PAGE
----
Central banks like the Federal Reserve do not use one specific monetary policy theory to determine their key rate – they apply several different approaches; one of these is the Taylor rule.
The Taylor rule is a straightforward approach used to analyze and describe monetary policy, and is therefore very popular. However, its relevance should not be overestimated.
The responsibilities of central banks include responding appropriately to the economic environment and achieving certain outcomes – such as price stability – for the domestic economy. One tool for assessing the economic situation is the Taylor rule, which was developed in the 1990s by US economist John B. Taylor.
This formula calculates the optimal level of a central bank’s key rate and focuses on two main factors: an economy’s current price level and its production output. If the overall economy’s potential output is not being fully exploited or if inflation is below the target level, the key rate should be lowered to below the equilibrium rate (an interest rate that is consistent with sustainable productivity growth with full employment and stable inflation over the long term) – if the inflation rate is above target and potential output is too high, the key interest rate should be increased.
The financial crisis is a good example of how the Taylor rule works in practice. In 2008, potential output and inflation plummeted. To stimulate economic growth, central banks around the world lowered interest rates.
While reacting to the crisis quickly by lowering interest rates was undisputedly the correct thing to do, the reluctance to raise interest rates in recent years is astonishing. The Bank for International Settlements has long criticized this asymmetrical behavior of central banks. It faults them for reacting to every small shock by lowering interest rates without subsequently sufficiently raising them again.
John B. Taylor is also critical in this regard. He says that instead of leaving the federal funds rate at a low level, the Federal Reserve should have increased it sooner and more gradually. A comparison of the US key rate and the US interest rate using the Taylor rule confirms these statements. The discrepancy between these two figures has been very high over the past few years:
The question arises as to whether the Taylor rule is an appropriate guide for setting interest rates. This is because in practice, central banks only apply it unilaterally when lowering interest rates. One of the challenges when applying this monetary policy rule lies in the weighting of input variables.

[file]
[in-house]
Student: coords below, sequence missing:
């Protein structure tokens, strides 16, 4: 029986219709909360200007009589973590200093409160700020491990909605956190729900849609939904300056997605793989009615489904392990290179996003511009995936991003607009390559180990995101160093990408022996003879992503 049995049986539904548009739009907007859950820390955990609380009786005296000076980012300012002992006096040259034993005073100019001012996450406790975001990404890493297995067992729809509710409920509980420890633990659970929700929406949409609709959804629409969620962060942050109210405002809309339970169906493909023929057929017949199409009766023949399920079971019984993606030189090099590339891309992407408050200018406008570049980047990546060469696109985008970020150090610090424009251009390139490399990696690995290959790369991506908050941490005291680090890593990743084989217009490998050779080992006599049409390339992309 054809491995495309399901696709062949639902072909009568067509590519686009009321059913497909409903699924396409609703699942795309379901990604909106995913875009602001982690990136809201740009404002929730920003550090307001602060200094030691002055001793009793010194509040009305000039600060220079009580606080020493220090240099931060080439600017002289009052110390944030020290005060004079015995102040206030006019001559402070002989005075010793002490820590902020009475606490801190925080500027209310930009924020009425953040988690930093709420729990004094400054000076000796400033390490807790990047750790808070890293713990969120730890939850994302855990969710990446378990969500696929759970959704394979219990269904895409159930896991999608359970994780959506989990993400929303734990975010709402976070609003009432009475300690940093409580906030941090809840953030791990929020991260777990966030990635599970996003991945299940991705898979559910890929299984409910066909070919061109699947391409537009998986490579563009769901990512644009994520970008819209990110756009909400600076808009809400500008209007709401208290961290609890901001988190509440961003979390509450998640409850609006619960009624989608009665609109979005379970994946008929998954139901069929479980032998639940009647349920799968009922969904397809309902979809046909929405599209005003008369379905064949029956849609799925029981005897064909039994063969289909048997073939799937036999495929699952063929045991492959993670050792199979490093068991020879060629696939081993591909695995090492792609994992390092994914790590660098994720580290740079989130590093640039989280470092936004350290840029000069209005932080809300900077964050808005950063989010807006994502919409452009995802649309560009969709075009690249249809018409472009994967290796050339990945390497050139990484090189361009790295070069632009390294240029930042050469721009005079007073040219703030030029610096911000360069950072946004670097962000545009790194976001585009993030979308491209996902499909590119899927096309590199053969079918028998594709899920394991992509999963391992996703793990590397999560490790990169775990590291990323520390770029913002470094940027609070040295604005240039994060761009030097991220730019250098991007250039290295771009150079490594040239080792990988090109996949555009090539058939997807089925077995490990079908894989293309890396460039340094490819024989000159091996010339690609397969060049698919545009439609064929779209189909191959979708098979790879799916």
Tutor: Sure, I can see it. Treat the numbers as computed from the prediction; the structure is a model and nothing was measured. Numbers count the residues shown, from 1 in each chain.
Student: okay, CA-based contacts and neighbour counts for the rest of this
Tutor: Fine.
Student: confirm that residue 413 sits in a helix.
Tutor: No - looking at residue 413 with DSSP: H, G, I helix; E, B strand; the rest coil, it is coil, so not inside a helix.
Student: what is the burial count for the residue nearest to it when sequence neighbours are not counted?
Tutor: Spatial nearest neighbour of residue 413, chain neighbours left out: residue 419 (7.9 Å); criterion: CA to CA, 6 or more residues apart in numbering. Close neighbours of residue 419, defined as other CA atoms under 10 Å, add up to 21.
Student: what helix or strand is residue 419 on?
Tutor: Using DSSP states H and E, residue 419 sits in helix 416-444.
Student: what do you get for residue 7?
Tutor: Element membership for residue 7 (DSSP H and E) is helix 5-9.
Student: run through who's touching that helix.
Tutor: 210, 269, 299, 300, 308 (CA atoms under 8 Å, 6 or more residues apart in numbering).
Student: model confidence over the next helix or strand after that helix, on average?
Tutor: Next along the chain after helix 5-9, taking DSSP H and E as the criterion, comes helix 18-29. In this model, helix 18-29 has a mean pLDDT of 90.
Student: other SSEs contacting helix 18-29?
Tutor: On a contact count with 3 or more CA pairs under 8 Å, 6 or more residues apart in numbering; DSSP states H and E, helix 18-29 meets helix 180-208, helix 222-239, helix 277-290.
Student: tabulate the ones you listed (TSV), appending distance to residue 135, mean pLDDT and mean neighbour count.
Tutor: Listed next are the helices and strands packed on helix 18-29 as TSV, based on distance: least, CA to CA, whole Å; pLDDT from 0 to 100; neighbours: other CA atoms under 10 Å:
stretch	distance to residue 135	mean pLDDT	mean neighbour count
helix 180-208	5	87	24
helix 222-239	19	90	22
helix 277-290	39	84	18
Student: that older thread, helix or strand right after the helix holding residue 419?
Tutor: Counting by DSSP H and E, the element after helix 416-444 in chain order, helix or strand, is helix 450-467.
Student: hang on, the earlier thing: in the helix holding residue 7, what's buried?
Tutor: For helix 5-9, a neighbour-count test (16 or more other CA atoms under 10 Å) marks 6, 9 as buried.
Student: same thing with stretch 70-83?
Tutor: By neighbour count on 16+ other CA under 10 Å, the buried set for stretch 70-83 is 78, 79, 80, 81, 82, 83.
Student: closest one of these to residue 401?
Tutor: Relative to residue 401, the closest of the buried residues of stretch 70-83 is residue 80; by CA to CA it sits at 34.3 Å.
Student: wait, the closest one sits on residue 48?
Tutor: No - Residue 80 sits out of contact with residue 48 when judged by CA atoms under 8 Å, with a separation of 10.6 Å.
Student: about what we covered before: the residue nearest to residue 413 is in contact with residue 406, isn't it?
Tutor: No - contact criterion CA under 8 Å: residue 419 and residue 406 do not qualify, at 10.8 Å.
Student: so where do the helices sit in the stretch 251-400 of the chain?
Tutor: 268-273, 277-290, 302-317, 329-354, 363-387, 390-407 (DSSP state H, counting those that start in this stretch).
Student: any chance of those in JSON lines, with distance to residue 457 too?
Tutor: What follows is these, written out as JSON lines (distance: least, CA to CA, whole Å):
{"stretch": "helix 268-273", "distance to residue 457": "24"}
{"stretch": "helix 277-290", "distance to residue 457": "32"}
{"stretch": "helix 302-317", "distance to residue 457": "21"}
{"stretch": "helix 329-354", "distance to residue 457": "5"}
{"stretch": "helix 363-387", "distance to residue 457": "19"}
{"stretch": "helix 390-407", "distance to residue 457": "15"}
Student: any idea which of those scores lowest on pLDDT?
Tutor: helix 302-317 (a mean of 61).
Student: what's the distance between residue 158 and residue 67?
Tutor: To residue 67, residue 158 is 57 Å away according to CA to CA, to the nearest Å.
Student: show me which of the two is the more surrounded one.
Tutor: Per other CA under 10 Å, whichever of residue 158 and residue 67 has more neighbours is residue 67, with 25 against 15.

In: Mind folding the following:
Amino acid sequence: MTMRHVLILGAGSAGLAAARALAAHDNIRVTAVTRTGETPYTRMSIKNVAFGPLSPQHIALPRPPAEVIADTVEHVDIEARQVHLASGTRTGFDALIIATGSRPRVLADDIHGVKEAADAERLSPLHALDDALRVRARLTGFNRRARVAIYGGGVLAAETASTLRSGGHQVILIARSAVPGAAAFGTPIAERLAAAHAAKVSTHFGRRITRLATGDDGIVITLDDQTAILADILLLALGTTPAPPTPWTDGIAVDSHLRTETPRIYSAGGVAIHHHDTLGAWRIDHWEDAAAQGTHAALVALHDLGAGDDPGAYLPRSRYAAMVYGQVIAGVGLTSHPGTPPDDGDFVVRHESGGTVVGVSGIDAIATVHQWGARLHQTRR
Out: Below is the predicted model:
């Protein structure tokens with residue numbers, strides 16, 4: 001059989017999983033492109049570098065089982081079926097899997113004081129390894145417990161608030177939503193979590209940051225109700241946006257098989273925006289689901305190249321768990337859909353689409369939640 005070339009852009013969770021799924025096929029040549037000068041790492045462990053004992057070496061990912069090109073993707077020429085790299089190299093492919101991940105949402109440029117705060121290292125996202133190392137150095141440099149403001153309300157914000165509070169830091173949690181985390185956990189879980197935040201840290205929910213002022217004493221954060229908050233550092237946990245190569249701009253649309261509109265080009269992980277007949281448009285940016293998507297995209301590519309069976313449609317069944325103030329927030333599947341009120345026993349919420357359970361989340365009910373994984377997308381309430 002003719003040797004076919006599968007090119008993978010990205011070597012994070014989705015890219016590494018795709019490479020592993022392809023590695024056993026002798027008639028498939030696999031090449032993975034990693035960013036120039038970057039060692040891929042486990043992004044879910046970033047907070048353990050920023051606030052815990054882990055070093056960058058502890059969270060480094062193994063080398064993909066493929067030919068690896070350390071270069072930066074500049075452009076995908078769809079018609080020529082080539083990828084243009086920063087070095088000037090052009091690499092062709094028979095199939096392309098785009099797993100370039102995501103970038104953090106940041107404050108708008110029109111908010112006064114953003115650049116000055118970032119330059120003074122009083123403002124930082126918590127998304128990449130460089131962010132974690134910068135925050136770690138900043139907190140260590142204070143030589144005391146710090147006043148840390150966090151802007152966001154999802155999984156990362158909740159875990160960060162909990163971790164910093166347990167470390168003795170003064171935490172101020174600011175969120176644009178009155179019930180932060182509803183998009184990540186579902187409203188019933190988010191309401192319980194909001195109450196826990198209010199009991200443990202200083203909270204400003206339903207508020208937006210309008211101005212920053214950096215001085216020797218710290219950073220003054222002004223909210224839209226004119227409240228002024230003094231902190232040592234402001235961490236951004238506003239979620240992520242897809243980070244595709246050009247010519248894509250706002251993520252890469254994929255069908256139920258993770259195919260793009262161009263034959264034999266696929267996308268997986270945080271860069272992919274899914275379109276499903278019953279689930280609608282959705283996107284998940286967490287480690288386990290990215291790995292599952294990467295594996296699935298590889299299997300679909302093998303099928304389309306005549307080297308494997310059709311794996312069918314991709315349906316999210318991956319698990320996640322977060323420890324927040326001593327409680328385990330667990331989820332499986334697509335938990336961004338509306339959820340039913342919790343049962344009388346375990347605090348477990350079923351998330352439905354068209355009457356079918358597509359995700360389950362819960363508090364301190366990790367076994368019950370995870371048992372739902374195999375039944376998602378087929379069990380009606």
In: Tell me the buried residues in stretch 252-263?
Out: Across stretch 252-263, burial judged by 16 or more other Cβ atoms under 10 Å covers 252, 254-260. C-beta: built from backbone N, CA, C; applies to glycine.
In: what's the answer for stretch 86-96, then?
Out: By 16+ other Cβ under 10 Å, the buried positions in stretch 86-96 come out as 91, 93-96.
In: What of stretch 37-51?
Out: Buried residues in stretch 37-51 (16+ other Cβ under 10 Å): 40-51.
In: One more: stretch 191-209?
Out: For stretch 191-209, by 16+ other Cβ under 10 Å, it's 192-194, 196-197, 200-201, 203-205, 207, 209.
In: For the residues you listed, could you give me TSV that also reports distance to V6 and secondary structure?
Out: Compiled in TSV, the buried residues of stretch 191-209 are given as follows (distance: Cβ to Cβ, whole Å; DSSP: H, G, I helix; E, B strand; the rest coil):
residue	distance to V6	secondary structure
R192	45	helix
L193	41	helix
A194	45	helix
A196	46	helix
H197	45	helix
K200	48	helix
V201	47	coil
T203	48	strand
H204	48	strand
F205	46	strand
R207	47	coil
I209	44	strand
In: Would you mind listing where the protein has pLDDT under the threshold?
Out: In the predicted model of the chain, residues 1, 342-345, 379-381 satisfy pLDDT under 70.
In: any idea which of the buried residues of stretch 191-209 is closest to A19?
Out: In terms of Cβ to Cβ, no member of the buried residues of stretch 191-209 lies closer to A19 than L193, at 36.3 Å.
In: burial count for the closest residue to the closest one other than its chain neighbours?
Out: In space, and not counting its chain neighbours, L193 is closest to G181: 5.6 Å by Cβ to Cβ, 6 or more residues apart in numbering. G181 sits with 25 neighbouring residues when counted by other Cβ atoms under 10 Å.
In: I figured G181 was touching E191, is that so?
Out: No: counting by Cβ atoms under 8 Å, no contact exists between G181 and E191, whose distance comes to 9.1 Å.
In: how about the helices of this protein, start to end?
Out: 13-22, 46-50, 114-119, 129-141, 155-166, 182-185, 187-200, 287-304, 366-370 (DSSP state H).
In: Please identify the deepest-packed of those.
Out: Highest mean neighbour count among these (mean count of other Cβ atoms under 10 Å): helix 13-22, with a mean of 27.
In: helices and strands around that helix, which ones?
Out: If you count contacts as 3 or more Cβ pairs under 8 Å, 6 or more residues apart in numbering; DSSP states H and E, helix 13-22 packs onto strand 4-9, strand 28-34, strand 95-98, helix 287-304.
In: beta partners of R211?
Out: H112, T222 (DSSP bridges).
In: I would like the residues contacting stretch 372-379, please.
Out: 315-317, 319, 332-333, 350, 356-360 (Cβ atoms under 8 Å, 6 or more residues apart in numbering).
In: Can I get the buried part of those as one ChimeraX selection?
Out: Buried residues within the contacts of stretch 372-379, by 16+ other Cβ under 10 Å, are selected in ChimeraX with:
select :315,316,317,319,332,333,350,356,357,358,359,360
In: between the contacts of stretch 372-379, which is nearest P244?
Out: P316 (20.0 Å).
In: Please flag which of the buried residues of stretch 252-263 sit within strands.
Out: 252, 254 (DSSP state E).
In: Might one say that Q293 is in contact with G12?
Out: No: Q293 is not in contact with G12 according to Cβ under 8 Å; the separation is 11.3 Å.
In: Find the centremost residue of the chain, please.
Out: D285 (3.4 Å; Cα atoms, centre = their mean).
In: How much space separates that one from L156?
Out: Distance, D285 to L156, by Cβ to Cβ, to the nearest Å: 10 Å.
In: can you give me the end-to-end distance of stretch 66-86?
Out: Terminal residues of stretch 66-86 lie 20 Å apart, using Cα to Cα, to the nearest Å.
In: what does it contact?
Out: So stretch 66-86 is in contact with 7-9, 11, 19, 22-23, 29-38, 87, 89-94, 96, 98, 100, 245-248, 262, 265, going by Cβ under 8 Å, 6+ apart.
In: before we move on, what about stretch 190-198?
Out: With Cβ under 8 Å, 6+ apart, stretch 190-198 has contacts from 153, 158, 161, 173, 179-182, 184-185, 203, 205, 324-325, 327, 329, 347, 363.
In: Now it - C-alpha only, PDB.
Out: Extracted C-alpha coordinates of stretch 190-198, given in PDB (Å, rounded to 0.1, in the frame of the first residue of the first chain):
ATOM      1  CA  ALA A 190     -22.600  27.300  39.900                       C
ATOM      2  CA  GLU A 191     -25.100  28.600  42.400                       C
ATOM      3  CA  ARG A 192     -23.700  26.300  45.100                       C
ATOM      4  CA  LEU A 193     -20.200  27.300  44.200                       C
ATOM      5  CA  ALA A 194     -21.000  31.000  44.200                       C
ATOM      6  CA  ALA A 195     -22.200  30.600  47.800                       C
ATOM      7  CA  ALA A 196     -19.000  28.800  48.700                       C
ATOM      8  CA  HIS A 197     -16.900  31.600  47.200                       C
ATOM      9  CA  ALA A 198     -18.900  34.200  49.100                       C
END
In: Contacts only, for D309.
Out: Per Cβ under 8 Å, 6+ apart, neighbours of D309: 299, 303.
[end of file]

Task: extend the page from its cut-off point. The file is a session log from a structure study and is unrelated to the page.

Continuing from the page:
If the central bank’s primary objective is to combat inflation, it will place greater emphasis on the "price level" variable and less on "output". The weightings must thus be estimated individually by each central bank according to its mandate. However, difficulties arise not only when determining the weightings, but also when estimating the variables.
For example, the deviation of GDP (gross domestic product) from "potential output" is difficult to determine. In addition, the unused capacity of part-time employees is often not included in statistics, which results in true potential output being underestimated. Further to this, numerous challenges also exist in determining the price level. These limitations in both the measurement of variables and weighting put the relevance of the Taylor rule into perspective.
The increasing criticism of central banks is understandable. The persistently extremely low interest rates create a dangerous incentive for further lending, which has negative effects on financial market stability. The low interest rates of recent years have increasingly driven investors into risky asset classes. If the economic outlook improves again once the Covid-19 crisis has been overcome, calls for tighter monetary policy will become louder again.
However, relying on the Taylor rule to this end is unjustified. When determining the optimal level of the key rate, the Taylor rule serves merely as a point of reference that cannot in itself explain the complex key rate models used by central bankers. For central banks to apply only the Taylor rule would be a mistake – with consequences for the entire economy.
Andreas Vetsch is a research analyst at LGT Capital Partners and in this role, also monitors the monetary policy of central banks.
He and his colleagues in Asset Management look for attractive investment opportunities and identify the best portfolio managers. They also manage a substantial portion of the assets of LGT’s owner, the Princely House of Liechtenstein.
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